For many years, Social Security was supposed to be the third rail of American politics--not to be touched by officials who valued their political lives. This unique power resulted from an irresistible combination of affection and clout: Social Security was appreciated as the most successful anti-poverty program in America, and its clout came from the millions of voters from all walks of life who received checks every month, without fail.
But by late 1998 it was beginning to look like the 63-year-old program was facing forced retirement, and would be rejected for a younger, sexier model. Two conservative think tanks, with funding from investment firms with plenty to gain from a privatized system, have worked hard, and effectively, to undermine the loyalty of the U.S. public, and politicians.
If Social Security as we know it is cast off like a rejected first wife by this Congress, it will be because of the slow but steady deterioration of public support over more than a decade. Dorcas Hardy, Reagan's Social Security commissioner, wanted to privatize Social Security, but the idea seemed so weird that it received little serious attention--especially from the public.
It became obvious that privatization would not receive substantial public support until the public's faith in the Social Security system had dramatically eroded--but to do that the public needed to be convinced that there was a crisis, not in some far future time, but now. And so, the "fact" that Social Security was going broke, or was already bankrupt, became a recurring theme trumpeted by the pro-privatization pundits of the Heritage Foundation and the Cato Institute.
The bankruptcy myth
Over the years, the statement has been made so many times and repeated by so many people that many Americans now believe that Social Security is bankrupt, or will be any day now. My personal experience is that most reporters assume that it is so. And yet nothing is further from the truth.
Last year, Social Security paid out $383 billion in checks, and received $436 billion in taxes and an additional $49 billion in interest. Instead of red ink, Social Security made almost $102 billion in profit, to add to the more than $652 billion it had in profits from previous years.
I suppose there are some folks who aren't impressed by a program with an annual surplus of more than $100 billion and "end of the year assets" of more than $756 billion, but even they can't call it bankrupt, a term that means "lacking funds" or "unable to pay one's debts." A more accurate description of the Social Security program is to say that it is rolling in money, that it has an enormous surplus that is growing every year, and will be for years to come.
The Trustees of the Social Security System use very conservative (that is to say, pessimistic) assumptions in forecasting their program’s financial future. (See "TV on Social Security: It's Broke, Fix It") But even using their figures, it is not until sometime after 2020 that the program will collect less in taxes and interest than it pays in benefit checks, and even then, it will have more than $1 trillion in the Social Security Trust Fund, left from previous years. Their most recent estimate is that, for the next 34 years, the taxes that are collected, when added to interest and money from the Trust Fund, will be sufficient to pay all the benefits currently planned.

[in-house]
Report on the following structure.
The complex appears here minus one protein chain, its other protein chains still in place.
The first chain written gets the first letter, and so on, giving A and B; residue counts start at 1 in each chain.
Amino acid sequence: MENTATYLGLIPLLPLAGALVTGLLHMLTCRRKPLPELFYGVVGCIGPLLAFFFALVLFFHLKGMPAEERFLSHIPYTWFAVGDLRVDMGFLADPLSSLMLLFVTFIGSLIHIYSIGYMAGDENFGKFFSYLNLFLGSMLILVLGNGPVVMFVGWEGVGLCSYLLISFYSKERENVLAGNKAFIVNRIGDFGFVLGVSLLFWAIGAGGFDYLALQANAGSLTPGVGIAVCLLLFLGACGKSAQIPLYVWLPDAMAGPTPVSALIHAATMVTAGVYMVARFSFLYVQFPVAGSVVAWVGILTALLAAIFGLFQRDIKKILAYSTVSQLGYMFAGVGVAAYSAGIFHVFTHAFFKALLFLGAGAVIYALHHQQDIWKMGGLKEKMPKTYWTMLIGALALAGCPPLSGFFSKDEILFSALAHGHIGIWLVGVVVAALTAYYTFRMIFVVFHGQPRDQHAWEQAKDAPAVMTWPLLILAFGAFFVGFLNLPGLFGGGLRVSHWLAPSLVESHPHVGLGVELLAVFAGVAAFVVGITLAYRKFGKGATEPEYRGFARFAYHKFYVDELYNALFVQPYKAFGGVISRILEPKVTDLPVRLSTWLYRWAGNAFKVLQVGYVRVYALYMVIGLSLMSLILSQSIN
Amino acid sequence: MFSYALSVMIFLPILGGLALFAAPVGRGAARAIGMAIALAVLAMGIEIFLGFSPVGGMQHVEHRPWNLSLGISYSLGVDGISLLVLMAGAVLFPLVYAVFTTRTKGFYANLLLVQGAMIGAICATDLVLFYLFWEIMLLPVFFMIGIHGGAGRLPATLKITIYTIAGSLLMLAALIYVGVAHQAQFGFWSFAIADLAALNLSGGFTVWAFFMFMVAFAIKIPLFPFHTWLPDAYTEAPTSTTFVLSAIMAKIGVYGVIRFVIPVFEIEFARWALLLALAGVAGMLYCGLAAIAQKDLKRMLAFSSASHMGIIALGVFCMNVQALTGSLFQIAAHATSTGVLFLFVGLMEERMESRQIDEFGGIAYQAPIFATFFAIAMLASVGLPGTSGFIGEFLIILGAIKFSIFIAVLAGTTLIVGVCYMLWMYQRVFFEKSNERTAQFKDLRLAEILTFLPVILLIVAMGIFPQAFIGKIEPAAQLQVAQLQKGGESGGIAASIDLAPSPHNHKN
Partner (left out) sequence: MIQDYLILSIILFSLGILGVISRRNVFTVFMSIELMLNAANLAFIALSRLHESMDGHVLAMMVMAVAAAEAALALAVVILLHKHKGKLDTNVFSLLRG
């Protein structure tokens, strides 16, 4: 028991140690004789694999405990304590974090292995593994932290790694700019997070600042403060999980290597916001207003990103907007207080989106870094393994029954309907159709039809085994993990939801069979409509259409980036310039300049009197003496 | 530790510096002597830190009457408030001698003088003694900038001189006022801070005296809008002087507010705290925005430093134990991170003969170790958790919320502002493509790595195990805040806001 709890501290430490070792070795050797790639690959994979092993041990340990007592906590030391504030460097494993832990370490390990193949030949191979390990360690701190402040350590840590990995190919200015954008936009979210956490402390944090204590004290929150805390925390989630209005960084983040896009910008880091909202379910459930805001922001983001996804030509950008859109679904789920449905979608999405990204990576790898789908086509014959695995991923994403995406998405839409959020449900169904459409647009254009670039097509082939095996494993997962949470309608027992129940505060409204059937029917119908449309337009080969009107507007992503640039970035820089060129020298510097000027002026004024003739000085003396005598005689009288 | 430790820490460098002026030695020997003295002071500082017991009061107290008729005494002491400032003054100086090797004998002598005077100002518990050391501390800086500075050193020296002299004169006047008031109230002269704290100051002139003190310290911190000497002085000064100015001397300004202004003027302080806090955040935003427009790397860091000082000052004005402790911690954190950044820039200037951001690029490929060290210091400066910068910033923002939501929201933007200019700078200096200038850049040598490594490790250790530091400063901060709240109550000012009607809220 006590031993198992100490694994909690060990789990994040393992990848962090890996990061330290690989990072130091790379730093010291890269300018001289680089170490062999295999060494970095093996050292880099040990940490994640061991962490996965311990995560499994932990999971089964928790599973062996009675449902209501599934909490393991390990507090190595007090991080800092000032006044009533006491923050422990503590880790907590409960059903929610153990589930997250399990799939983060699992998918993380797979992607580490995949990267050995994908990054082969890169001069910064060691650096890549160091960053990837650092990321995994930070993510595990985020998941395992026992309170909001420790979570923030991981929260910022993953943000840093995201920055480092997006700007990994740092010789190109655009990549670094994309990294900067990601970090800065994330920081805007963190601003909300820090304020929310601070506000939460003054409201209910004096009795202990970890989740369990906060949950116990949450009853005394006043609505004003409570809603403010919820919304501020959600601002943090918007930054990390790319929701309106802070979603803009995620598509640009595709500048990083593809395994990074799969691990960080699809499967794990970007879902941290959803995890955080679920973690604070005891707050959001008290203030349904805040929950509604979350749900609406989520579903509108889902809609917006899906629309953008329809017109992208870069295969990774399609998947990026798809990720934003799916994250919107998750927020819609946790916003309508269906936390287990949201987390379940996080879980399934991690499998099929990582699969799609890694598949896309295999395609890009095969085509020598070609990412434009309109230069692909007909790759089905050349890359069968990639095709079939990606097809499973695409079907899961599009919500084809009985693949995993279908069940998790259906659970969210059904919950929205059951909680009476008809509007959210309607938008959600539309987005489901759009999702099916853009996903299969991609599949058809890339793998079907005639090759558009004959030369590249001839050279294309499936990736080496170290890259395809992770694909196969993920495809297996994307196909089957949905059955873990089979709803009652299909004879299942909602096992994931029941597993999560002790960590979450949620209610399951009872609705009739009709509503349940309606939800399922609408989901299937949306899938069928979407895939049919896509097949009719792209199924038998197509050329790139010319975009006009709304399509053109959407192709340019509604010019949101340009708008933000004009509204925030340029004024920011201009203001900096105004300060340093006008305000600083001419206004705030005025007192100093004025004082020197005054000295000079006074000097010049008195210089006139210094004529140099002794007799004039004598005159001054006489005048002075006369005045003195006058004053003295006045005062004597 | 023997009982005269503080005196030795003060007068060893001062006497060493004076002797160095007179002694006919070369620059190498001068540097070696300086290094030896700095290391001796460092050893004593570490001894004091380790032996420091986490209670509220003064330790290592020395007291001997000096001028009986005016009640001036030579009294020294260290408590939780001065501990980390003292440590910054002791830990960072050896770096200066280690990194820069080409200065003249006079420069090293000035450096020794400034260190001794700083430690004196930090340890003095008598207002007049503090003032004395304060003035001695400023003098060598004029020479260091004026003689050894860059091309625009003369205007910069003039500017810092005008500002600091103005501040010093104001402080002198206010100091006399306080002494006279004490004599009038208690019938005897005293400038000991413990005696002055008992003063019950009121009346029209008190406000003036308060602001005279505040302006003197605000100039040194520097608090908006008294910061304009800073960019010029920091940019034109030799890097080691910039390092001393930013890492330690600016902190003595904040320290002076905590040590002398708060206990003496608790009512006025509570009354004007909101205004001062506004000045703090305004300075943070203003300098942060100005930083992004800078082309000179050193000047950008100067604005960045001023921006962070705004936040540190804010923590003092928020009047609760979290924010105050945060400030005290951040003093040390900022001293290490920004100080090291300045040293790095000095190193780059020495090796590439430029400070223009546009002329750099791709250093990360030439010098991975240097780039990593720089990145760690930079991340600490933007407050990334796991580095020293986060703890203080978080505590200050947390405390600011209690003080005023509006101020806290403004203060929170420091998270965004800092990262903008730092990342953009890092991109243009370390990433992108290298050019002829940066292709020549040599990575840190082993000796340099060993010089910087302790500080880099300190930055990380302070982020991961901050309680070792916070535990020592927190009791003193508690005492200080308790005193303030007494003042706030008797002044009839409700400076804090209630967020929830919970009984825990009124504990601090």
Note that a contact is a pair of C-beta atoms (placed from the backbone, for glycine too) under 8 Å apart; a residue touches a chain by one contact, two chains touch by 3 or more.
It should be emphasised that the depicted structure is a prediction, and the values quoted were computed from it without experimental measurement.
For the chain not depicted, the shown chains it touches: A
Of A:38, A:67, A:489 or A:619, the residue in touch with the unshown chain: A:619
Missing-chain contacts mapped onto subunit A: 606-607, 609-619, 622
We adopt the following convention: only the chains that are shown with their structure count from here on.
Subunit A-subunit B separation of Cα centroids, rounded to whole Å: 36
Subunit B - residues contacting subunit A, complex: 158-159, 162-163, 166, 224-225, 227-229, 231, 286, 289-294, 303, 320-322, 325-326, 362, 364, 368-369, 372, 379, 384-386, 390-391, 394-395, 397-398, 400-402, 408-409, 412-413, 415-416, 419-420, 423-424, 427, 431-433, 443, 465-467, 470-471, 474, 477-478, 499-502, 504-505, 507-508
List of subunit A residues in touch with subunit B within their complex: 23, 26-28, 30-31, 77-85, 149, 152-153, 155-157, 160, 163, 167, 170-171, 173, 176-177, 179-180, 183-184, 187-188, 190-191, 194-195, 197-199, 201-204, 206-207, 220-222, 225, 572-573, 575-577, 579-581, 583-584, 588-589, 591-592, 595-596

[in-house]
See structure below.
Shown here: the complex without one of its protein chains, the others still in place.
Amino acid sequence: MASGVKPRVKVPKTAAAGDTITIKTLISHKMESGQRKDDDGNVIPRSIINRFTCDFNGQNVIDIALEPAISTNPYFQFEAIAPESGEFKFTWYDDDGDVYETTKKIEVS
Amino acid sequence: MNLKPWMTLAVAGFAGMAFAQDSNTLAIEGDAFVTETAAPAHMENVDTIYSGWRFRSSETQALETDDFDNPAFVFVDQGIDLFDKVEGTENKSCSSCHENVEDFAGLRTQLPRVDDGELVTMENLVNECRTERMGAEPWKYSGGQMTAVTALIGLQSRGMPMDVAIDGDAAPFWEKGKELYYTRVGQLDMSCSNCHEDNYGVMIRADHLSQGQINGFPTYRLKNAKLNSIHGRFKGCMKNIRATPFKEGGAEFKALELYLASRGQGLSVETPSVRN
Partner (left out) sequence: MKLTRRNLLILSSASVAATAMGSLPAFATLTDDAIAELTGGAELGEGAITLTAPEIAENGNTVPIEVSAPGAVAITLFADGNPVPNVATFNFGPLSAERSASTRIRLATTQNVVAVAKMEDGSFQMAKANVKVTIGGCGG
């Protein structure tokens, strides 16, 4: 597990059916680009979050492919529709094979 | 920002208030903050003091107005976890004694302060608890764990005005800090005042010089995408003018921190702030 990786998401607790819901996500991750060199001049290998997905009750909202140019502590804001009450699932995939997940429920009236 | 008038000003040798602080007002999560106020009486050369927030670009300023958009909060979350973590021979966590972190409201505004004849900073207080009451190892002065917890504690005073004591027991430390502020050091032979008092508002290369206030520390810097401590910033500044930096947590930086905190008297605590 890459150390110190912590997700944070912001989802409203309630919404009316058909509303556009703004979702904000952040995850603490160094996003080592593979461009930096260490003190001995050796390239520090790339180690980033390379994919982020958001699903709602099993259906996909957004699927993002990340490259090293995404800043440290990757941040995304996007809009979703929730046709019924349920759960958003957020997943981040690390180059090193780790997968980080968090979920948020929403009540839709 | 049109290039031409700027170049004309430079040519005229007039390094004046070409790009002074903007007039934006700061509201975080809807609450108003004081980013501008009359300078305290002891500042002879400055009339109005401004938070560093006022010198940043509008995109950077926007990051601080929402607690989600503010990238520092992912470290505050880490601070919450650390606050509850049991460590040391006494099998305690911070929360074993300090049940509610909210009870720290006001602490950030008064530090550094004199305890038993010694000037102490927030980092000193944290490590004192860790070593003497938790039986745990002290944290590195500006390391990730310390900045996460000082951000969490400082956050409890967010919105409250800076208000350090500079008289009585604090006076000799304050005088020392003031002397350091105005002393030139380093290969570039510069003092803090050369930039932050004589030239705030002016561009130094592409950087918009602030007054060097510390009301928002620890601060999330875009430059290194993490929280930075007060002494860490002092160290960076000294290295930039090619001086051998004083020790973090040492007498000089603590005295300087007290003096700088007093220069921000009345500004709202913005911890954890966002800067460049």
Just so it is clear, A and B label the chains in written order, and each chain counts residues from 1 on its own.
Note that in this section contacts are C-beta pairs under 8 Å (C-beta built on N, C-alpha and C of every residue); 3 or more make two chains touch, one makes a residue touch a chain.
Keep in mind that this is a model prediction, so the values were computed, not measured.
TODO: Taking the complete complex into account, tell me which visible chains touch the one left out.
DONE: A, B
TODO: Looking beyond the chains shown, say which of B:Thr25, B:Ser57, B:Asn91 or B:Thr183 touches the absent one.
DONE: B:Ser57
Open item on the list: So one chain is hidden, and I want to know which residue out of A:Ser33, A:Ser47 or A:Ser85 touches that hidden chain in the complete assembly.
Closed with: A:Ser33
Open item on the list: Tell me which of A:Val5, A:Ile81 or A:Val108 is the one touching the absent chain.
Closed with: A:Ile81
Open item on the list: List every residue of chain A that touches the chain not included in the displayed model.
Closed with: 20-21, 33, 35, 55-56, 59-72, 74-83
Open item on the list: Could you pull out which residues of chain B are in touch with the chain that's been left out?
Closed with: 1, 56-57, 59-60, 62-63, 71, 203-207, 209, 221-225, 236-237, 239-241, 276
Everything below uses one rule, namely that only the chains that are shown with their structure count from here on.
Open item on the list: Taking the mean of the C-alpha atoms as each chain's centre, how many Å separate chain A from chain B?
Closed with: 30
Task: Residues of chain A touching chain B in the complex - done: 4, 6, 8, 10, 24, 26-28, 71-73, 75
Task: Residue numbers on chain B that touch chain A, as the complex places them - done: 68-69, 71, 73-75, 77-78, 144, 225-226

It is not until 2034 that the Trustees project that there will be no money left in the Trust Fund, and not enough taxes to pay all the benefits that are expected. But even when the Trust Fund is empty, and for the foreseeable decades thereafter, the Trustees expect there will be enough taxes to pay 75 percent of the planned benefits.
And yet experts from the Heritage Foundation and Cato Institute have repeatedly and falsely claimed that Social Security is bankrupt--and the media have let them get away with it. For example, in an executive summary of a June 1998 report entitled "Social Security's $20 Trillion Shortfall," the Heritage Foundation author, Daniel J. Mitchell, flatly claimed "the Social Security system is bankrupt." When Mitchell repeated that lie on Good Morning America the following month (7/26/98), the ABC reporter interrupted him--not to correct him, but to indirectly support his views by pointing out that 84 percent of participants in a survey on ABC's website favored some sort of privatization.
Of course, ABC is not the only network that fails to challenge the misinformation of these think tanks. In January 1998 on CNN's Newsday and again in December 1998 on CNN's Your Money, the anchors claimed that "Social Security starts having cash-flow problems just 14 years from now." According to actuaries at Social Security, at the end of 2015, which is 17 years after that broadcast, Social Security will have assets of almost $2 trillion. I'd like to have cash flow problems like that!